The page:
Did you know that soil science is more complicated than rocket science? Here to help break it down is Matt Duncan, CPSS/CPAg/CCA, with 25 years’ experience in soil science and agronomy. Matt is Senior Sustainability Science Lead with Truterra, LLC. His passion is working at the field level to help troubleshoot yield-limiting issues while improving soil health and climate resilience at scale.
Why is soil science so important?
When it comes to agriculture, soil guides everything – what types of crops you should grow and how you should manage them. You need to know what your soil is capable of, so you can produce a profitable crop over time, despite extreme weather events. Soil health practices can make your farm more efficient and profitable while improving your resilience to extreme weather. The solution isn’t always removing or reducing inputs. It’s about thoroughly thinking through the entire system of the farm operation and soil characteristics and understanding which practices could be adjusted, added, or eliminated.
What are the components of soil health?
Soil health has three components – chemical, physical and biological. For decades in the ag industry, we've been focused on the chemical side. Things like measuring soil pH and nutrient levels and correcting them, to feed the crop whatever it’s short on.
In recent years, though, we’re looking at soil health more holistically to make improvements. For example, on the physical side, we know that compacted soil restricts oxygen and water storage and makes it hard for roots to grow. You’re not going to fertilize your way out of a compaction problem; you need to figure out how to break up the compacted soil to allow water to penetrate and roots to grow. Maybe we add some radish cover crops to create extra channels and break through some of that compaction. Or maybe we need to deep-rip the soil if the compaction is too severe.
Then, on the biology side, even if you have a lot of organic matter in the soil, if it’s bone dry and excessively hot, the microbes won’t be able to break down that organic matter and release nutrients for the plants to take up. The question is, what can we do to encourage a healthy and diverse microbial population? Maybe a reduced tillage practice would help by conserving soil moisture. Keep in mind, soil biologic health requires adequate chemical and physical health, too.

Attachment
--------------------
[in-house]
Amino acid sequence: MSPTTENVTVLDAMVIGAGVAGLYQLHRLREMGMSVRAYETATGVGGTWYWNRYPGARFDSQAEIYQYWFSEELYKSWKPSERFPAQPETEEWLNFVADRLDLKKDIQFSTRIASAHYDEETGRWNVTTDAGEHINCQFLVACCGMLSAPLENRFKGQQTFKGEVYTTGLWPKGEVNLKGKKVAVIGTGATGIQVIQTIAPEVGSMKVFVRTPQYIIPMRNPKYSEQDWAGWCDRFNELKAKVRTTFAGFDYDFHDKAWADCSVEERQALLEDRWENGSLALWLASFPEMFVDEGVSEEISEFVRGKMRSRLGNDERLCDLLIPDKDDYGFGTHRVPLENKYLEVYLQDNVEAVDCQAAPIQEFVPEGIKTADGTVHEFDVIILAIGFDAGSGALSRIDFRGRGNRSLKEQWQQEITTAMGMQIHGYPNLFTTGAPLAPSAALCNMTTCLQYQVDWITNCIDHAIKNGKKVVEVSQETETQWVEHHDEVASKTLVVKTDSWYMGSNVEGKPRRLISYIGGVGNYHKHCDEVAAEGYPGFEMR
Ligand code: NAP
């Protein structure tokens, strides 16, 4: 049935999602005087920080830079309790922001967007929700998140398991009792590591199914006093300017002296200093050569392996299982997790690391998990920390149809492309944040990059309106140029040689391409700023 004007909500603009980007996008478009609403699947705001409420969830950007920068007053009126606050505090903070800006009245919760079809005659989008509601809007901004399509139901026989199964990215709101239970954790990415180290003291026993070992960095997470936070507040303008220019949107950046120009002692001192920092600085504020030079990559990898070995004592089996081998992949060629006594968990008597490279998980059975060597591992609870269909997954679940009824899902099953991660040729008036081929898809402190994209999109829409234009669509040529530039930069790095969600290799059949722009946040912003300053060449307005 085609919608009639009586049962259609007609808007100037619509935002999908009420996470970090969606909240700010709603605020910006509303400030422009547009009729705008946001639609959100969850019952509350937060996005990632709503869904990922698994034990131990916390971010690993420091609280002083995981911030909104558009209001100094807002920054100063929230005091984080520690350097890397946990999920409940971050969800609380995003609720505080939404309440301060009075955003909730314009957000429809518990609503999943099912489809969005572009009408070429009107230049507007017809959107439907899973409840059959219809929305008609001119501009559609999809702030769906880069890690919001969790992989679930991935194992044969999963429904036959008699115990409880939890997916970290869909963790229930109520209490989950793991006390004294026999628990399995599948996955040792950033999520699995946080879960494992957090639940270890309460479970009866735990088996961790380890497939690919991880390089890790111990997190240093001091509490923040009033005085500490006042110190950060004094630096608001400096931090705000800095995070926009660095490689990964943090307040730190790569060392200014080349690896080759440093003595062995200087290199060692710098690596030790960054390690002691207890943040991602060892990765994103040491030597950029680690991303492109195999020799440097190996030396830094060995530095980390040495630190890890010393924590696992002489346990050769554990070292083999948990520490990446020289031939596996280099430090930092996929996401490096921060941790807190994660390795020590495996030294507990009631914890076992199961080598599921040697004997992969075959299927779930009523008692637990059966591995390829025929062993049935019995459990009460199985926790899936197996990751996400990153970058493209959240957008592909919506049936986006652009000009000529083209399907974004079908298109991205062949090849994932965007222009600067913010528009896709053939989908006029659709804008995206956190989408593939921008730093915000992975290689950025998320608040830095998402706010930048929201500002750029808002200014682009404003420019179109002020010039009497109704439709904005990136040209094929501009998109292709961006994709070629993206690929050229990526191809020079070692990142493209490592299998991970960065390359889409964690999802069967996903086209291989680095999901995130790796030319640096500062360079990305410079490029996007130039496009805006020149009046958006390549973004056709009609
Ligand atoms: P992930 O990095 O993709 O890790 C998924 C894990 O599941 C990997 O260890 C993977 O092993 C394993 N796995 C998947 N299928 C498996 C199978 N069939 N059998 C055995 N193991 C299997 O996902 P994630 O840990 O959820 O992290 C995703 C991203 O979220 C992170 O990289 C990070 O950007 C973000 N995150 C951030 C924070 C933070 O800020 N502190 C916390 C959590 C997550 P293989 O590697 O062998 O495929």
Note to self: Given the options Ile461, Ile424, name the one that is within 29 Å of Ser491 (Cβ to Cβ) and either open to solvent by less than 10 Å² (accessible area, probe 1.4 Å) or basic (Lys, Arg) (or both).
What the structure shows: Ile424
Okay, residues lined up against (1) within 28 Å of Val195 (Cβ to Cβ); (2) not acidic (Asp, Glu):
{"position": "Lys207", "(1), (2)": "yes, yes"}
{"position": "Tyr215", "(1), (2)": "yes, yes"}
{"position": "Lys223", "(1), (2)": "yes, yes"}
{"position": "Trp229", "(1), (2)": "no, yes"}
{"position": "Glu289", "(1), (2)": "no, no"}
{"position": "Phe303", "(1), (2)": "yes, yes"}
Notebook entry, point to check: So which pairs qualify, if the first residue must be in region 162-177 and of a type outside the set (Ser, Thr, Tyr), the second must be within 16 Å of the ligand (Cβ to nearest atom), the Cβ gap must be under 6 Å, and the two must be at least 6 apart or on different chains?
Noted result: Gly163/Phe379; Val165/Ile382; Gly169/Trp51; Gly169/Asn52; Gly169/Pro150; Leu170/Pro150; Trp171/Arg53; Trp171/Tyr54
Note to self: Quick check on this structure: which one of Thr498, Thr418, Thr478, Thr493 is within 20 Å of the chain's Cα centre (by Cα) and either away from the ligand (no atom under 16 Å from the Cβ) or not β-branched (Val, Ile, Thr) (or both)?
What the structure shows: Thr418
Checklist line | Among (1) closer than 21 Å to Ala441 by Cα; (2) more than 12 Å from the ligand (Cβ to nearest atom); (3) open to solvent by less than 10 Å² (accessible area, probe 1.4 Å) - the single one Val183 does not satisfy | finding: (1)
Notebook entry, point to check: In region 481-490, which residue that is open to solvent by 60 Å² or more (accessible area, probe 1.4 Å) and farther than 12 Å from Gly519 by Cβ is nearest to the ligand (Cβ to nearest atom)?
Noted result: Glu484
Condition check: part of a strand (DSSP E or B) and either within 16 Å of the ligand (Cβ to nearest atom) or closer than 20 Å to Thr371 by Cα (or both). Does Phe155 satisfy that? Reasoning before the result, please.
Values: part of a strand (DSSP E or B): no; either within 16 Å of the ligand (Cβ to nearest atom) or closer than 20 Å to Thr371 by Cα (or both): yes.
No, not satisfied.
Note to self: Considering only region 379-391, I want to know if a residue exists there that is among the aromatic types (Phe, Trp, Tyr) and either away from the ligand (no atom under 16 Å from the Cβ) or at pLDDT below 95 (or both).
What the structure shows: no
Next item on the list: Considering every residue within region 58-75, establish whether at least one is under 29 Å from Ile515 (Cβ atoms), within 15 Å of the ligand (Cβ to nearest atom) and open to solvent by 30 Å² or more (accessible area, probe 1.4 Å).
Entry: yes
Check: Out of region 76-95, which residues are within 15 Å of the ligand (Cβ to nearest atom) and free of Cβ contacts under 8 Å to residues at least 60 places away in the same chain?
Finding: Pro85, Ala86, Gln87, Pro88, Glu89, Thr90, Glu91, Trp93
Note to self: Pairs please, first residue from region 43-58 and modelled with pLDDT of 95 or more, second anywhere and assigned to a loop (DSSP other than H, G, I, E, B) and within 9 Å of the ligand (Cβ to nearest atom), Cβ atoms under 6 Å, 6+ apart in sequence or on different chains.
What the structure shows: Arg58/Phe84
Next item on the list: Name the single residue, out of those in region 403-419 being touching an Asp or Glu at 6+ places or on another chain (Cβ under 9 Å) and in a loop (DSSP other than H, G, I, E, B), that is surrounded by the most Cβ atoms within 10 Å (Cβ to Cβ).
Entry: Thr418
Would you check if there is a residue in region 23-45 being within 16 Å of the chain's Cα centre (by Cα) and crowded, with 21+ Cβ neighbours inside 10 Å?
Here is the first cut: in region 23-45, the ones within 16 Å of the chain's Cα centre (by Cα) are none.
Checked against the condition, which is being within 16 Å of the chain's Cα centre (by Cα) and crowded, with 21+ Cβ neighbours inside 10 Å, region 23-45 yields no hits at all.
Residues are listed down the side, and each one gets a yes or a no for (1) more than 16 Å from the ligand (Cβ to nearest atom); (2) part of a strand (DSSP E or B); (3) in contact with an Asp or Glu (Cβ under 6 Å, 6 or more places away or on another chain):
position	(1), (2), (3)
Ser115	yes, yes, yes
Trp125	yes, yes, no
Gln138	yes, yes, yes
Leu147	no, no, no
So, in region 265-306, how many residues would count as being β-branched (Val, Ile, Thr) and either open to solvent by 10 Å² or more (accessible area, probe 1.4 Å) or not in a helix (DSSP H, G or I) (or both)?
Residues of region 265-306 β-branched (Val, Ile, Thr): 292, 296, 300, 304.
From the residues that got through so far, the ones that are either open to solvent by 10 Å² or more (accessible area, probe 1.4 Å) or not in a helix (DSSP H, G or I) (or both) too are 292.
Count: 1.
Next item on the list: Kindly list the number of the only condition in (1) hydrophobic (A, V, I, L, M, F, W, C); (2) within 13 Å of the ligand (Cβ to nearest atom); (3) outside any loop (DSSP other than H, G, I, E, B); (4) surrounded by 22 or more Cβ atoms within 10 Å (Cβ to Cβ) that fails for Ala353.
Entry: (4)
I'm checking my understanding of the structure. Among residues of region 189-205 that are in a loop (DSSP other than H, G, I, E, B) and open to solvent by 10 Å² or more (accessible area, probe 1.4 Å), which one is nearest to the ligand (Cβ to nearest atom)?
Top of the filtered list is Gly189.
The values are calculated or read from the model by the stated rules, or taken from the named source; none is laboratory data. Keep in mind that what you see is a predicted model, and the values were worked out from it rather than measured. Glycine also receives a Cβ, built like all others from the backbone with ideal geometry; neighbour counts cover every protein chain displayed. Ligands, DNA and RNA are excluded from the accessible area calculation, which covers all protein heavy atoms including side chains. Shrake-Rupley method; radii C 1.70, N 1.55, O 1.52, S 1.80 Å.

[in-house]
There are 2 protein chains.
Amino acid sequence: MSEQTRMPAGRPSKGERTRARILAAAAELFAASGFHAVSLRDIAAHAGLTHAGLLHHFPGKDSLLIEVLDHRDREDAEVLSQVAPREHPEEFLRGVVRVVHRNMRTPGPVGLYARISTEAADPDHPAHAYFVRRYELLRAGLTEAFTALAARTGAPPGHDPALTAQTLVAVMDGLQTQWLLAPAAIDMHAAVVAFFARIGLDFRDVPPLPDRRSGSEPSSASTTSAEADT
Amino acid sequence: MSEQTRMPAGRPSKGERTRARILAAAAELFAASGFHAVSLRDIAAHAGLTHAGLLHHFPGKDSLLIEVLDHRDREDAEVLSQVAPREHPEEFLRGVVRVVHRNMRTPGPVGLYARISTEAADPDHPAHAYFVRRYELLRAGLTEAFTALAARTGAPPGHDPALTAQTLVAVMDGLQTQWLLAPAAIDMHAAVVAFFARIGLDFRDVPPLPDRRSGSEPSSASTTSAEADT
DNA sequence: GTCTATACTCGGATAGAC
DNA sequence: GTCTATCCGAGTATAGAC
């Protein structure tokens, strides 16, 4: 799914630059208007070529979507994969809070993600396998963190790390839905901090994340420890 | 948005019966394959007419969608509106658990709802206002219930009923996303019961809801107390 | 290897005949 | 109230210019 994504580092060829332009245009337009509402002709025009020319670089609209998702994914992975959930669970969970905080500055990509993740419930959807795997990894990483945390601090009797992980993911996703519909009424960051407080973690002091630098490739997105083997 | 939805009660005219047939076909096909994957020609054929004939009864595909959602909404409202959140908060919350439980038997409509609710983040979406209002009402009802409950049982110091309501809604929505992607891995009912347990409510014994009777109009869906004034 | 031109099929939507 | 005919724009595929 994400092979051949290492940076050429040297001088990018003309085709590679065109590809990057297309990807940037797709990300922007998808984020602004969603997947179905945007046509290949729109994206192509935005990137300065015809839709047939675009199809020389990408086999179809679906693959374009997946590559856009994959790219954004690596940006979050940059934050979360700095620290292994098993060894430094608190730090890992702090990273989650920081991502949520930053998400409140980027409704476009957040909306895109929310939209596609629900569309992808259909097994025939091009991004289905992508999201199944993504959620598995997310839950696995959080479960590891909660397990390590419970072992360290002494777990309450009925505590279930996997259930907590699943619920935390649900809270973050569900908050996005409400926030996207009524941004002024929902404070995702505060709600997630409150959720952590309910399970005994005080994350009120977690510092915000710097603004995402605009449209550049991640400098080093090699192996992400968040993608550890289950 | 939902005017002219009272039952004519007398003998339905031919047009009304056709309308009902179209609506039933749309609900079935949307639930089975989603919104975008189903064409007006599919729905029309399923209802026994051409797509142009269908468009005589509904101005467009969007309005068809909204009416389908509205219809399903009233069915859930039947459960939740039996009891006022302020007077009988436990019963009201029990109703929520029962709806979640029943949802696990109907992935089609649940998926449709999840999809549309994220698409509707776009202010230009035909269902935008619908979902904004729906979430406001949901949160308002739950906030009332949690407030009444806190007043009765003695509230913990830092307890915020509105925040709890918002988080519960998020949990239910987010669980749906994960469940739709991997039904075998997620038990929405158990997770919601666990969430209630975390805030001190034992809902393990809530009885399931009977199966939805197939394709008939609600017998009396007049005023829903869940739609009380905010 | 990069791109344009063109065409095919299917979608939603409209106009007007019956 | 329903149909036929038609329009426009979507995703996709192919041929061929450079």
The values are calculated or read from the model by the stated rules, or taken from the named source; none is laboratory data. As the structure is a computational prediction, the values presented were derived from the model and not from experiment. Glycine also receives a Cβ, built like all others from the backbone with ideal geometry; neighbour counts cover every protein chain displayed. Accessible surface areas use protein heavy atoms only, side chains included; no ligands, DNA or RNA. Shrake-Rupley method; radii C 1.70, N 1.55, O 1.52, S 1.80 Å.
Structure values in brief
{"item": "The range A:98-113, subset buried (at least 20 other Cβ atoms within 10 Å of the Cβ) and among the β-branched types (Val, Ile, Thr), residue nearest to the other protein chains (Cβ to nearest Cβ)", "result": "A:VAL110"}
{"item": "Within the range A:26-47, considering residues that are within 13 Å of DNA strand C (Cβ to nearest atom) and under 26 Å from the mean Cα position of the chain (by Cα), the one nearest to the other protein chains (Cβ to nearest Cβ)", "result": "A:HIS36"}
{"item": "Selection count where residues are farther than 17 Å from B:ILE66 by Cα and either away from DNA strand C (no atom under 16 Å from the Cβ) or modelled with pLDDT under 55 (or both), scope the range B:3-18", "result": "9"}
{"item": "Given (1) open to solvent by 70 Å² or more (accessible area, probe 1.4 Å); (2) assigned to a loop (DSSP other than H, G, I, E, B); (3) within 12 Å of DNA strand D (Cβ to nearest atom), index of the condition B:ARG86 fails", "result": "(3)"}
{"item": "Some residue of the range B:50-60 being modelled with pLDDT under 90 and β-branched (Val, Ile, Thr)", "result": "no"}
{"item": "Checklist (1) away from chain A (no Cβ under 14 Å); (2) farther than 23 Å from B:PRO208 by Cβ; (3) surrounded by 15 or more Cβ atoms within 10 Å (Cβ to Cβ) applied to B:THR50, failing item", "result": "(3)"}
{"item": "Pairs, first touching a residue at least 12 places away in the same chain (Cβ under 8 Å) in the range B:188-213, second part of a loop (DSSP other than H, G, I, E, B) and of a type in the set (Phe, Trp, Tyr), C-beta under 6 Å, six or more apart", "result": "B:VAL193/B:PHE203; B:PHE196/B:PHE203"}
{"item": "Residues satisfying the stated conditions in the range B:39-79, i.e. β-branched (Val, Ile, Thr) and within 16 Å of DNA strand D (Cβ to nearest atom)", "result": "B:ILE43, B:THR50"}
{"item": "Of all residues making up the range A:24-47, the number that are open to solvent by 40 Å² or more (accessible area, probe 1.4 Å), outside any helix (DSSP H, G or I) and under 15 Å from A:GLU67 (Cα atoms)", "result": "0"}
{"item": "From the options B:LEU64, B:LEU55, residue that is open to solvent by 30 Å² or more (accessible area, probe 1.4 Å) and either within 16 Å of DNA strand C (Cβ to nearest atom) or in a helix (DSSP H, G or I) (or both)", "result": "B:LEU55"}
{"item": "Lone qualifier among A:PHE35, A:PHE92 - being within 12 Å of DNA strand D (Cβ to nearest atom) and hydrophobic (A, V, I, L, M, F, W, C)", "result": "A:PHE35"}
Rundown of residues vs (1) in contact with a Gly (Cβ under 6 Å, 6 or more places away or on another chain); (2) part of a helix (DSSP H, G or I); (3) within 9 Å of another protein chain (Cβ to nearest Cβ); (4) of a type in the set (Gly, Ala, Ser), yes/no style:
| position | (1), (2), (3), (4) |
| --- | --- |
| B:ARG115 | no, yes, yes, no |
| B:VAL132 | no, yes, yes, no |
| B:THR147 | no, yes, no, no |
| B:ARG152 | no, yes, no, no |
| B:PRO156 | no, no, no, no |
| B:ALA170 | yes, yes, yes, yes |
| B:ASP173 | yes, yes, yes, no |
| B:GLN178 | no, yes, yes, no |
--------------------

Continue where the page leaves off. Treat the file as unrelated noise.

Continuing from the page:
It’s all about balance. Hitting the target on all three components is when we’ve truly maximized the potential of the soil – making practice changes that tilt the equilibrium towards the better each time.
You like to say, “Soil science isn’t rocket science; it's harder.” Why is that?
To understand soil health, you need to understand agronomy, biology, microbiology, geology, chemistry, physics, hydrology, climatology and a bit of ag history – basically every type of science except, ironically, aeronautics. It’s really complex because they’re all intertwined. You can have a great understanding of one science, but if you don't know how it interacts with some of those other sciences, you're going to have a hard time solving the problem that might be occurring in that field.
What does a soil scientist do?
My job is to see though the complexity to help focus on what’s most impactful and important. What can we do – as a business, crop advisor or farmer – to maximize the farm’s productivity, minimize environmental impacts, improve soil health, reduce emissions, and increase efficiency and ROI? Basically, our job is to evaluate the plant, soil, water and climate interactions to determine which piece of the puzzle is holding us back. And then figure out what we can do to compensate or correct, from the soil health side of things. It’s exciting; kind of like detective work.
How do you evaluate the soil health on a farm?